More students are now living at home and travelling in to uni for lectures, says a report. It might make financial sense, but aren’t those students losing out on the overall university experience?
Latest figures from Hesa suggest that at some universities over half of undergraduates are ‘commuter students’. In other words, they are living at home and travelling in for lectures.
Unsurprisingly, the main motivation to stay at home is financial, with the price of halls eating up students’ budgets (especially since maintenance grants were scrapped a few years ago).
What do students gain from living at uni?
Personally, moving away from home and living with a bunch of people from completely different backgrounds was the most rewarding part of university. Sure, I enjoyed my course and got my degree, which set me on the way in my career; but it was the life experience of living in halls (and later a house share) that I cherish most.
When someone asks me about my uni days, I don’t really think about a particular author I studied, or the lectures I attended. Instead, I think about microwave fires, ‘ketchup wars’ and in-depth conversations (over a lot of vodka), which rolled into the small hours – all of which I would probably have missed out on if I’d stayed at home.
To this day, some of my closest friends are those I met and bonded with while living in halls. While I remember being anxious to live with strangers before moving (Only Child Syndrome, guilty), it was probably the best thing that could have happened to help me make friends.
We were thrown together and left to it. It was interesting how relationships developed, with some of the closest friendships in halls taking a couple of months to bloom. These were discovered, not as a result of a mutual taste in bands, but after initial differences, resolutions and deeper conversations.
Do commuter students get the full experience?
I know I’m lucky to have had the opportunity to live and study away from home. I’m sure I would have made commuting to classes work if I didn’t have the choice, but I feel like I would have had one foot still in my old life at home had I done that.
Would it have even felt like university, or simply an extension of college (only without my friends, who would have gone off to university anyway)?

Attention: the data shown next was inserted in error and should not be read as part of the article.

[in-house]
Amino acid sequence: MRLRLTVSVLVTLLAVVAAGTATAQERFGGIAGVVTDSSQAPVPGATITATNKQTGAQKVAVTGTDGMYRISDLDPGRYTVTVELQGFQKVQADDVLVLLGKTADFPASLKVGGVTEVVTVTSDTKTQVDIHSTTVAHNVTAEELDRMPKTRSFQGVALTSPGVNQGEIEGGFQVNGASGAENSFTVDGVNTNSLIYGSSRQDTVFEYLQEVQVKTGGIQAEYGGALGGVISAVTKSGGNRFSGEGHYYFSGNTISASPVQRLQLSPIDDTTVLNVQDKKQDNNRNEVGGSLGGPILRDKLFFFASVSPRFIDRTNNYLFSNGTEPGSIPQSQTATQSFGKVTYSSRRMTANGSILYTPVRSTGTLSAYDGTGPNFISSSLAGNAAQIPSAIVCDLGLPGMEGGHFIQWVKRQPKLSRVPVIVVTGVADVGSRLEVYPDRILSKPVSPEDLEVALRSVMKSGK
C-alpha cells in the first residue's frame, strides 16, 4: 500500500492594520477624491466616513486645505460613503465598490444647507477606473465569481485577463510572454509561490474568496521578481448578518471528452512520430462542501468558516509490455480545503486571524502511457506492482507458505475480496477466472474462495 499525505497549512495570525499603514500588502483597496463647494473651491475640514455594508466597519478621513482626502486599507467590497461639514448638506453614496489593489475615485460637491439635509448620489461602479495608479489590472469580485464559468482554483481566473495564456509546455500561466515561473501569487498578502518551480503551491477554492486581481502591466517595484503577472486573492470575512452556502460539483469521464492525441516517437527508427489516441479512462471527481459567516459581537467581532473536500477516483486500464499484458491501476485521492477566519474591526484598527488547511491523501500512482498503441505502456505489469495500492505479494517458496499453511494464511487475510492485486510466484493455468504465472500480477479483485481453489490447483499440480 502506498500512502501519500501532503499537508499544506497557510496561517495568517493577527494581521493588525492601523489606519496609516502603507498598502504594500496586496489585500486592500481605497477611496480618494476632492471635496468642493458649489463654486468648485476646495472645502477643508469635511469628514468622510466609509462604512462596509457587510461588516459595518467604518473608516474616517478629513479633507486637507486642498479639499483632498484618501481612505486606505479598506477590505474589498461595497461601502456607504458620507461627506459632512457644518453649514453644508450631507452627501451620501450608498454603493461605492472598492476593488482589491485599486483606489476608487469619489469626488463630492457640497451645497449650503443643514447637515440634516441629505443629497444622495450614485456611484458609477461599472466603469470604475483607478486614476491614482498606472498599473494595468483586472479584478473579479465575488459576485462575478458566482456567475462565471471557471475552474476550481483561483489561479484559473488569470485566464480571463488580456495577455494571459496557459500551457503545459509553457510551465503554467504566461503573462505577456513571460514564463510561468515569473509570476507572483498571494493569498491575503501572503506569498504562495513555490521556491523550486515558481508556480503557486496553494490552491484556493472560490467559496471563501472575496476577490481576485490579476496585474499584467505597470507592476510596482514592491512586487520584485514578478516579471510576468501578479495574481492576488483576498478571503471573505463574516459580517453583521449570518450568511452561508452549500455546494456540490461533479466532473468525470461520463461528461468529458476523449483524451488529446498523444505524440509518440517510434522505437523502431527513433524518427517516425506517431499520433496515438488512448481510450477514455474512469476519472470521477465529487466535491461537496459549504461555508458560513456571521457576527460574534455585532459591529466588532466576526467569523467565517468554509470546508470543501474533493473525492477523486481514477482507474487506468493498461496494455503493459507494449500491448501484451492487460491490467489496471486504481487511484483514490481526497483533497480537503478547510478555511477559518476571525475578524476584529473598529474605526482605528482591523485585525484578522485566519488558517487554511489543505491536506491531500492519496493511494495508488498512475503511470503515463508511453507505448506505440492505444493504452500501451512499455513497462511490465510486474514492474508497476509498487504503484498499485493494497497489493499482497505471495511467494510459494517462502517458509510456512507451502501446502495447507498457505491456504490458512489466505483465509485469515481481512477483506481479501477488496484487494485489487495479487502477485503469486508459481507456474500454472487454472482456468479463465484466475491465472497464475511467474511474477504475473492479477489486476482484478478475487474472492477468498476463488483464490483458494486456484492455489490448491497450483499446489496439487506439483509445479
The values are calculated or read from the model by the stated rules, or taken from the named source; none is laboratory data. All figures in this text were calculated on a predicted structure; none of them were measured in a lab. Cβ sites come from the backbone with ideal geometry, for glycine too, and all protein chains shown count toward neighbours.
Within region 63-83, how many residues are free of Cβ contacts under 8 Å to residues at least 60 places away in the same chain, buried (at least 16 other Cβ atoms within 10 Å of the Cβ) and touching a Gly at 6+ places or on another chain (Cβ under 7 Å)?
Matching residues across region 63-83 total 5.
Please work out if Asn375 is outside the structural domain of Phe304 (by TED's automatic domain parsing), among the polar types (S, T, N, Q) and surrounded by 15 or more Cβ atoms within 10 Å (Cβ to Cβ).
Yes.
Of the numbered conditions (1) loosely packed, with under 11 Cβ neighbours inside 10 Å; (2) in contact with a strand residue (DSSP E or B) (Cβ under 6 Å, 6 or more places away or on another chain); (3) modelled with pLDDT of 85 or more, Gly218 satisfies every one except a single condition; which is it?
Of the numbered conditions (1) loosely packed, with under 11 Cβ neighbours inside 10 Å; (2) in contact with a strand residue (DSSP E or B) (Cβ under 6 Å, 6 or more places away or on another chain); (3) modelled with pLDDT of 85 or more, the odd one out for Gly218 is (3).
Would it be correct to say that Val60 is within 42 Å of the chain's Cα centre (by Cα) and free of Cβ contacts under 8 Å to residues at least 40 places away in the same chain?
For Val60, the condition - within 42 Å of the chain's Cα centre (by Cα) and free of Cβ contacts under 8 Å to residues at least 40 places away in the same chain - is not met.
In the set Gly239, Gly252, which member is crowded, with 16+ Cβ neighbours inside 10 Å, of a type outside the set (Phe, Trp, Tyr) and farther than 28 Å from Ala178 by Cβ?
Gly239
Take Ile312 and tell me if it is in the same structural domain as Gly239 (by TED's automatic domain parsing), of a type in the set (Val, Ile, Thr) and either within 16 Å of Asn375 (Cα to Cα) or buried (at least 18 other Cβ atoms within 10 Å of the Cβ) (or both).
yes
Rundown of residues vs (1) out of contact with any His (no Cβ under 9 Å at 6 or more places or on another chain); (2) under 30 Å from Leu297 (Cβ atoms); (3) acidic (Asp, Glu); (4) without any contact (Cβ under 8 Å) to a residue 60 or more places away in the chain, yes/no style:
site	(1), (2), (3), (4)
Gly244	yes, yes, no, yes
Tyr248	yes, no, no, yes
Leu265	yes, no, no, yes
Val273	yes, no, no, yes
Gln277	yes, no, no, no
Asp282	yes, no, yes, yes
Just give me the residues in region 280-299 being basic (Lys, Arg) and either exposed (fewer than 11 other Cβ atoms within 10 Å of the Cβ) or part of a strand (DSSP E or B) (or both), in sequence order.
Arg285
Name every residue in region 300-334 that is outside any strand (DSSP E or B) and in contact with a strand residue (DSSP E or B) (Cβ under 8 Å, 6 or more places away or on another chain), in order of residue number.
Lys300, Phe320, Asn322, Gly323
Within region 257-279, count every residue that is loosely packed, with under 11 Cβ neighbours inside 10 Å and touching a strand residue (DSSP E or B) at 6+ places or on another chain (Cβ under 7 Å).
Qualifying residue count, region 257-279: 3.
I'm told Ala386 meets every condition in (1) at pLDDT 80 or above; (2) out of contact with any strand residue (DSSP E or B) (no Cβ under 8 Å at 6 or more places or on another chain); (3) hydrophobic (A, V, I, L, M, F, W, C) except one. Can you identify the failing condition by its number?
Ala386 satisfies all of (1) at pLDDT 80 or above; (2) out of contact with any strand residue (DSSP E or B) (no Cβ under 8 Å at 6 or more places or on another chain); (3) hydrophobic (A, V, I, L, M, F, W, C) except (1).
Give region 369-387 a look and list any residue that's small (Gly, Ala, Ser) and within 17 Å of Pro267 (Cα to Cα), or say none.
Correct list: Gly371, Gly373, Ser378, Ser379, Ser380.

Granted, a lot of these benefits have nothing to do with my course and what I achieved academically. They haven’t necessarily shaped my career prospects either (although I would argue that my social skills transformed at uni as a result of living in halls with strangers, which has contributed towards my confidence and ability to work with others).
The benefits of living at home…
It would be nice to think that those days in bed watching The Office with my flatmates could have been used more productively (ie. internships, work experience, volunteering) if I’d lived at home.
But then, I would have still had to travel to and from classes multiple times a week, which would have been another stress. I’m doing that now anyway as a young professional (and will likely be doing so for the foreseeable future); so why bear the agony of cancelled trains and armrest politics earlier than I needed to?
Perhaps, with no one around, I would have spent more time on my uni work? But then, I would have still had distractions like Sky TV (which, ironically, I didn’t have at uni).
Do you think living away from home is a key part of ‘The University Experience’? If you went away to university, what are your memories of halls – did you meet your best friends, or even your partner, there? Perhaps you were a commuter student – if so, do you think you missed out at all?